There aren’t a lot of inexpensive convertibles left at new car dealerships these days, so the arrival of the 2017 Fiat 124 Spider should be welcomed, no matter how it actually gets here.
The 124 Spider restores a historic name from Fiat’s past, a roadster introduced in 1966 that was largely about inexpensive, few-frills open-topped driving. Forty years later, this new one looks like it’ll accomplish the same task, thanks in no small part to Mazda.
Fans of the 2016 Mazda MX-5 Miata might therefore feel at home in the 124 Spider. The new Fiat is a close relative of that roadster, thanks to a partnership between the two companies. Yet the 124 Spider doesn’t look much like the Miata. In fact, it’s a relatively successful reinterpretation of the original model’s long proportions and edgy details.
A partnership with Mazda should yield great things for the way the 124 Spider drives. Rear-wheel drive and a double-wishbone suspension are all great attributes for a sports car, specifically when talking about a car that’s meant to be driven enthusiastically on winding roads rather than in a straight line on a drag strip.
Under the hood, the Fiat diverges significantly from its assembly plant-mate. The Mazda’s 2.0-liter four-cylinder engine is ditched in favor of the 1.4-liter turbocharged four-cylinder engine from the Fiat 500 Abarth, among other Fiat Chrysler vehicles. It will be mated to either a six-speed manual or a six-speed automatic transmission. That engine is certainly enthusiastic, but in various applications it suffers from turbo lag and hesitant response, especially when compared with naturally aspirated engines or even modern turbocharged engines from Hyundai, Kia and Volkswagen. At least it encourages vigorous downshifts, which makes you look like an exuberant driver.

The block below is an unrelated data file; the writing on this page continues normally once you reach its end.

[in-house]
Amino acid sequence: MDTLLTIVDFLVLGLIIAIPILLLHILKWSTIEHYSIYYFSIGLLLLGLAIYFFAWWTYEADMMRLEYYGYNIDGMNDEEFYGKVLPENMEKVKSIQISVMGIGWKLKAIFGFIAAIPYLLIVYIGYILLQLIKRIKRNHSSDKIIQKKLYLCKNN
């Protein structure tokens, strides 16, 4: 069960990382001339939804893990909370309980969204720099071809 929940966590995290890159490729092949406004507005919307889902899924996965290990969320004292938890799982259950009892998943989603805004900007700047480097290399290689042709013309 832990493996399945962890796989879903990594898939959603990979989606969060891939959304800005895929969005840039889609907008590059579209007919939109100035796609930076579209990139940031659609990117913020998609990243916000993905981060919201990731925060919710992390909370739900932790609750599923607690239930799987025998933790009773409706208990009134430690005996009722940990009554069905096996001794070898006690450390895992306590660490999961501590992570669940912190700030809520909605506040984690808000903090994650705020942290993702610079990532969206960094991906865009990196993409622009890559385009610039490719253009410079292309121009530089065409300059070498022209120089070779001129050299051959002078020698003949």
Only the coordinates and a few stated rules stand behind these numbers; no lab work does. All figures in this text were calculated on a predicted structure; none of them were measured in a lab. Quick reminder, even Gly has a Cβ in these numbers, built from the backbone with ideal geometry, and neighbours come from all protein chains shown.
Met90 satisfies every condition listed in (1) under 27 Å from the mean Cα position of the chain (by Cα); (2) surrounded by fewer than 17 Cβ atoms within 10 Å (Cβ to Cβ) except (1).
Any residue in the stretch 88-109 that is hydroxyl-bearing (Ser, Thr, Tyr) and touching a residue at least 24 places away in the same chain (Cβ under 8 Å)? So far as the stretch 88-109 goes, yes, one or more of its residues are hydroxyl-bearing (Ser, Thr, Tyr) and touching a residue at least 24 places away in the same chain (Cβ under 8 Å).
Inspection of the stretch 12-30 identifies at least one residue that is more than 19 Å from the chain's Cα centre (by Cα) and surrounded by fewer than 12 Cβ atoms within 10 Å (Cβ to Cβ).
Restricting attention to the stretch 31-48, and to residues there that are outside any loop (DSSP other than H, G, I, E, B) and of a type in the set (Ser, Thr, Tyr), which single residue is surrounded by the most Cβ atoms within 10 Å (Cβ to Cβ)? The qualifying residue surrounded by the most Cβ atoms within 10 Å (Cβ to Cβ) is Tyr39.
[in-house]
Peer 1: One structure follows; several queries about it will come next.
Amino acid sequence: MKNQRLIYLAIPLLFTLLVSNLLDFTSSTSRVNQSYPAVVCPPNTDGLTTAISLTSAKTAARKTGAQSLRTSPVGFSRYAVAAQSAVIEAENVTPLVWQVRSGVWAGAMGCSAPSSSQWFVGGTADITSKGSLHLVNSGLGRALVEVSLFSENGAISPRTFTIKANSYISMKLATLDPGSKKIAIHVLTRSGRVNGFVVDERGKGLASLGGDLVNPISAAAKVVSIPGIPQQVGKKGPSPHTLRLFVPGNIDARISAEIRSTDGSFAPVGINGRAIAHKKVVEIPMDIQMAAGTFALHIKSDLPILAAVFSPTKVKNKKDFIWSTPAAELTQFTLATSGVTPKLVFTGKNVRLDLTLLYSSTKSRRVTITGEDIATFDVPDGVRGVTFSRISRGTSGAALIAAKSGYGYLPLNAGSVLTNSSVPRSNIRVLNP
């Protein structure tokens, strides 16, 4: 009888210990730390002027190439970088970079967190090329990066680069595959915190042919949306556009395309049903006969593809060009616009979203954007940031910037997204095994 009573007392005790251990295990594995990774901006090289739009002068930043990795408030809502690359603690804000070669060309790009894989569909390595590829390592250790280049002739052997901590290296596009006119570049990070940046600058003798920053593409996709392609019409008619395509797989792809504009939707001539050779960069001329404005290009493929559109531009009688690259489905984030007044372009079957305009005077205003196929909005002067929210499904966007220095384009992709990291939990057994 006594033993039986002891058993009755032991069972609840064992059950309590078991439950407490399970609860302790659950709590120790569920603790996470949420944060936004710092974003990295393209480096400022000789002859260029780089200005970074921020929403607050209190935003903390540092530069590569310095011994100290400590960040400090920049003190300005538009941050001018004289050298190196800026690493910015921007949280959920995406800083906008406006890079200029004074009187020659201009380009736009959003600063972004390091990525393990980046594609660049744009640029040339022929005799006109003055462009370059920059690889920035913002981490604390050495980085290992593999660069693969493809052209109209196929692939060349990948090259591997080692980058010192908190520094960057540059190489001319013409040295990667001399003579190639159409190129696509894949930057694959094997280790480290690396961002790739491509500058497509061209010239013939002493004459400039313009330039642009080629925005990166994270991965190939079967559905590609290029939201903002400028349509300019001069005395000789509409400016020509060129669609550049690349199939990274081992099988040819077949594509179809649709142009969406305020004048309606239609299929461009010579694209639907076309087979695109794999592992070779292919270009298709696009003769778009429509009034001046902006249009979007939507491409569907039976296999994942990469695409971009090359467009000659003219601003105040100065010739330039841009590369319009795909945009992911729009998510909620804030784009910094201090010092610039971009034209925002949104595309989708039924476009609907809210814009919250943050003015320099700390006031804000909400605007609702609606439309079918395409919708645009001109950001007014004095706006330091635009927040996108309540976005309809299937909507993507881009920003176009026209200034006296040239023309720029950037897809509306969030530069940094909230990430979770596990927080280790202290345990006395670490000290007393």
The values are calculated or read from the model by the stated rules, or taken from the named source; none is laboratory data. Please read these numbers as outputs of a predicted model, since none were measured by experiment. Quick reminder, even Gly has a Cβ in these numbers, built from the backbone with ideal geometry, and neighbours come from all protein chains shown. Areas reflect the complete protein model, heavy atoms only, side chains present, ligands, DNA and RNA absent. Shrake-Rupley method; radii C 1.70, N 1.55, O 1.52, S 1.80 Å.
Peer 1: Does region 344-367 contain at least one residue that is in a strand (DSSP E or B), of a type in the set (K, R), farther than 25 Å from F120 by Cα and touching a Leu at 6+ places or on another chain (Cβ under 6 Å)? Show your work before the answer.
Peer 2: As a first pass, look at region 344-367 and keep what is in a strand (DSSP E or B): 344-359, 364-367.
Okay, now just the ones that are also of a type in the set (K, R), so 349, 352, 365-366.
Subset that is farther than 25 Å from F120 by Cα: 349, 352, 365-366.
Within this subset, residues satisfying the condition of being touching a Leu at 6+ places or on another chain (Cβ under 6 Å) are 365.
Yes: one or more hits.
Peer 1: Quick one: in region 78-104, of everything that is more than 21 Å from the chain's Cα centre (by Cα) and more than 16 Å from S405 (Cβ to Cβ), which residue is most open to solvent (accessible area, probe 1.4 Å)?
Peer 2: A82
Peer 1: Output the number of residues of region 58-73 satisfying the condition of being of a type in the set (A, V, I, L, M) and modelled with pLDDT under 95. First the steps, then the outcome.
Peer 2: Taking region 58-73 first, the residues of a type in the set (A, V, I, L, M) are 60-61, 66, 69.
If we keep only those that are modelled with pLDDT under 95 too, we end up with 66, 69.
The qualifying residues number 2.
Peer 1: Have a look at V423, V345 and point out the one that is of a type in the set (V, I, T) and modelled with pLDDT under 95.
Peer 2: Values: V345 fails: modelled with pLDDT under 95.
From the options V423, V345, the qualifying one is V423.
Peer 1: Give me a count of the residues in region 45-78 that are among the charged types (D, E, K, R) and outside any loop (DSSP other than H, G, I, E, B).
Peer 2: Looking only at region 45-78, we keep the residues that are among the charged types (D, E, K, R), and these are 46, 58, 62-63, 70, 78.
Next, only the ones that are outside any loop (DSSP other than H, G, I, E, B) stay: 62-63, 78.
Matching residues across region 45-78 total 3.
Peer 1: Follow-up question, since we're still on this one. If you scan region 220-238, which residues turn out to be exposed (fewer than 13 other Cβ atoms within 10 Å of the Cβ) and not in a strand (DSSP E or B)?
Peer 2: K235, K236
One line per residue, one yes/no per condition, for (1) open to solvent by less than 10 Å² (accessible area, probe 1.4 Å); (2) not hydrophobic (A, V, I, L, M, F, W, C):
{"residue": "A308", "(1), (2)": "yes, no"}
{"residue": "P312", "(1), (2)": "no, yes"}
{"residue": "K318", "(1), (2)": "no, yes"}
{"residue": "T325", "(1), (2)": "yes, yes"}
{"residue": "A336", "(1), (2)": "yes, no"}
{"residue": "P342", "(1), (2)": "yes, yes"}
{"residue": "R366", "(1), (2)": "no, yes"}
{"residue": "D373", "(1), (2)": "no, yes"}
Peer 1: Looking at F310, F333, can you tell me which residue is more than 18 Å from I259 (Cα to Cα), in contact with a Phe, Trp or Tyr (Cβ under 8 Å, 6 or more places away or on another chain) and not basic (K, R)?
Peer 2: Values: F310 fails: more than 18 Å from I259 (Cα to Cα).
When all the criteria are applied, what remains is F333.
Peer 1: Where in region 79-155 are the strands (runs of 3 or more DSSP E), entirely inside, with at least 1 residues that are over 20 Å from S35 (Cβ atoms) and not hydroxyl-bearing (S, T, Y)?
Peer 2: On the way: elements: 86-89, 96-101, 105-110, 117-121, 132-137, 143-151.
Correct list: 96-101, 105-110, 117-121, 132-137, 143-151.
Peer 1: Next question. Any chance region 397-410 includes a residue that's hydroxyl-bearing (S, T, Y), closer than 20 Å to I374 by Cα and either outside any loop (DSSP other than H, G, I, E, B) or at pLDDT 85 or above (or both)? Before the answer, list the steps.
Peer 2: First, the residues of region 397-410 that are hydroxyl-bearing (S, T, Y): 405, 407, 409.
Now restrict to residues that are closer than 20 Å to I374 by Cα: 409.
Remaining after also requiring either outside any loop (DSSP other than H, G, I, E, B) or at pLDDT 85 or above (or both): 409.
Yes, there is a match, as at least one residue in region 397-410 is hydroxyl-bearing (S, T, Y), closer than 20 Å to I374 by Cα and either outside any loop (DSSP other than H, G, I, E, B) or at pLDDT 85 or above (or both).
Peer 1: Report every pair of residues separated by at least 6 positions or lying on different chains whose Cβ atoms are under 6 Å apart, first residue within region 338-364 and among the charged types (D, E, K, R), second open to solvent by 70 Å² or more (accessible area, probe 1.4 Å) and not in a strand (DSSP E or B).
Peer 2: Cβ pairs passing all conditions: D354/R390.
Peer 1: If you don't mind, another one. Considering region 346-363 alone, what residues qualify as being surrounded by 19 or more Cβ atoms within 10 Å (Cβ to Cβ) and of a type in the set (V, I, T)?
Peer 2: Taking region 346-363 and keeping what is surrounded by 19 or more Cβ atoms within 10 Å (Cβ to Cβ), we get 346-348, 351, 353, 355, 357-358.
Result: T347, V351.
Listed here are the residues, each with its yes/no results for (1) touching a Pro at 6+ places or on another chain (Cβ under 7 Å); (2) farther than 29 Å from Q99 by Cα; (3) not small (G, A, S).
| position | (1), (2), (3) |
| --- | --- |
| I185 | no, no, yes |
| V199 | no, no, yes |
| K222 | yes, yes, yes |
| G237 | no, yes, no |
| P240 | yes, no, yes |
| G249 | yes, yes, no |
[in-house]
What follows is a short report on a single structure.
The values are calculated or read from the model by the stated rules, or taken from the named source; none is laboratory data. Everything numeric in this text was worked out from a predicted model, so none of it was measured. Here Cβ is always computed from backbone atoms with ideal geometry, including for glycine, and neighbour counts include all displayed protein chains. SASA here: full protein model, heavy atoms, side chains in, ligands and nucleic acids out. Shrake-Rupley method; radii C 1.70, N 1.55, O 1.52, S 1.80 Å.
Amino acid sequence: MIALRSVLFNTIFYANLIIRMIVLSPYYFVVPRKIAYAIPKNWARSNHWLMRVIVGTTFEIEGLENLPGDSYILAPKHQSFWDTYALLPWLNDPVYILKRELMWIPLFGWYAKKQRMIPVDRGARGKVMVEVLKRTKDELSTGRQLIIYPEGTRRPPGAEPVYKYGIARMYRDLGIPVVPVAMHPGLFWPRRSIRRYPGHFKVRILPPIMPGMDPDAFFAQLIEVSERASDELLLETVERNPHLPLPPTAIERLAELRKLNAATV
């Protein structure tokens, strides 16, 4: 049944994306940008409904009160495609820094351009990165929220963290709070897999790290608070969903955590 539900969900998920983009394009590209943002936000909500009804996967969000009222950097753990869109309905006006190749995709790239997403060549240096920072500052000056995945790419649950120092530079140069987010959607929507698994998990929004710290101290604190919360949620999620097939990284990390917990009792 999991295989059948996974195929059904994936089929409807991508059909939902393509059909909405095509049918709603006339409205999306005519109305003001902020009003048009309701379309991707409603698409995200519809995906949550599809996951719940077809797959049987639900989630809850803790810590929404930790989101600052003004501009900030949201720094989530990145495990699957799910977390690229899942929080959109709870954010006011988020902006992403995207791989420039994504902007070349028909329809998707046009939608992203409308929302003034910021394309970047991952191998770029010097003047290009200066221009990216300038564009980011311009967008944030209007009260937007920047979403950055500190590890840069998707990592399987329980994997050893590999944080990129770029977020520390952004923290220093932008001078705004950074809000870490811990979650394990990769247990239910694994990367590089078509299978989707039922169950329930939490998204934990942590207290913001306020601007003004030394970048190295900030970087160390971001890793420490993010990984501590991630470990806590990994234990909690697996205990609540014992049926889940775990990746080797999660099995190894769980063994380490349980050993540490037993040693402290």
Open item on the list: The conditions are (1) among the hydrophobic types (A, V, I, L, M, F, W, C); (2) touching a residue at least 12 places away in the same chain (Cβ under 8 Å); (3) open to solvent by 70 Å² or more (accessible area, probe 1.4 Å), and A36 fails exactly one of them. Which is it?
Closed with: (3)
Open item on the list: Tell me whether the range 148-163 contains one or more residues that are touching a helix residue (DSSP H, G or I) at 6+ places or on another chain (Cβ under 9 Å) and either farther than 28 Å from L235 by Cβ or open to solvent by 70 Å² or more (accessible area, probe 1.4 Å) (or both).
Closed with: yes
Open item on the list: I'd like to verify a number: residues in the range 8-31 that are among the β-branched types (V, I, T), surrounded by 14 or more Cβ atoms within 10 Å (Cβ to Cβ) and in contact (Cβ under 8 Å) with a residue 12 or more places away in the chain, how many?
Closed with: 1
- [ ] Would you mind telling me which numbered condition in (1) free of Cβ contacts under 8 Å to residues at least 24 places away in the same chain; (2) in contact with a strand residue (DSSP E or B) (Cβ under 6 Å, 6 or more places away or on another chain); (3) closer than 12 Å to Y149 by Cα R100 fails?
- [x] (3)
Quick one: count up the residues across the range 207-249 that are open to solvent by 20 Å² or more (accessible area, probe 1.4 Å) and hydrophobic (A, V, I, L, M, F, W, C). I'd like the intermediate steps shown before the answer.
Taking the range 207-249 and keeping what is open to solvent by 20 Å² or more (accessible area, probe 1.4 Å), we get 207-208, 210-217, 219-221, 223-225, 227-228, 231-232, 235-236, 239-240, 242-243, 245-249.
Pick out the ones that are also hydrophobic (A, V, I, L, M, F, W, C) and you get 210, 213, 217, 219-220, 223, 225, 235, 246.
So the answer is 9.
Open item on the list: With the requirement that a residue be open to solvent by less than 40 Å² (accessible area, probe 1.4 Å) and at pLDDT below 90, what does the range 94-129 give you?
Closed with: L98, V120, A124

Inside, the Fiat doesn’t differ from the Mazda much more than the badge on the steering wheel. That’s just fine since the Miata’s interior is a quality place. Fans of Fiat Chrysler’s simple-as-pie UConnect touch-screen infotainment system may be more frustrated with the Mazda’s knob controller system, but it’s ultimately a competent way to manage audio, navigation and vehicle settings.
Options for the 124 Spider, according to Fiat, will include a Bose audio system with nine speakers (including ones mounted in the headrests, a la Pontiac Fiero), blind spot monitoring and a rearview camera, as well as leather upholstery and heated seats.
Don’t expect the 124 Spider to start any lower than the Miata’s $24,915 base price when it goes on sale in summer 2016. But consider most other two-seat roadsters, like the Audi TT and BMW Z4, cost north of $50,000, and the Fiat 124 is bound to be a bargain and a bastion of the classic Italian roadster.
Even if it’s being shipped from Japan.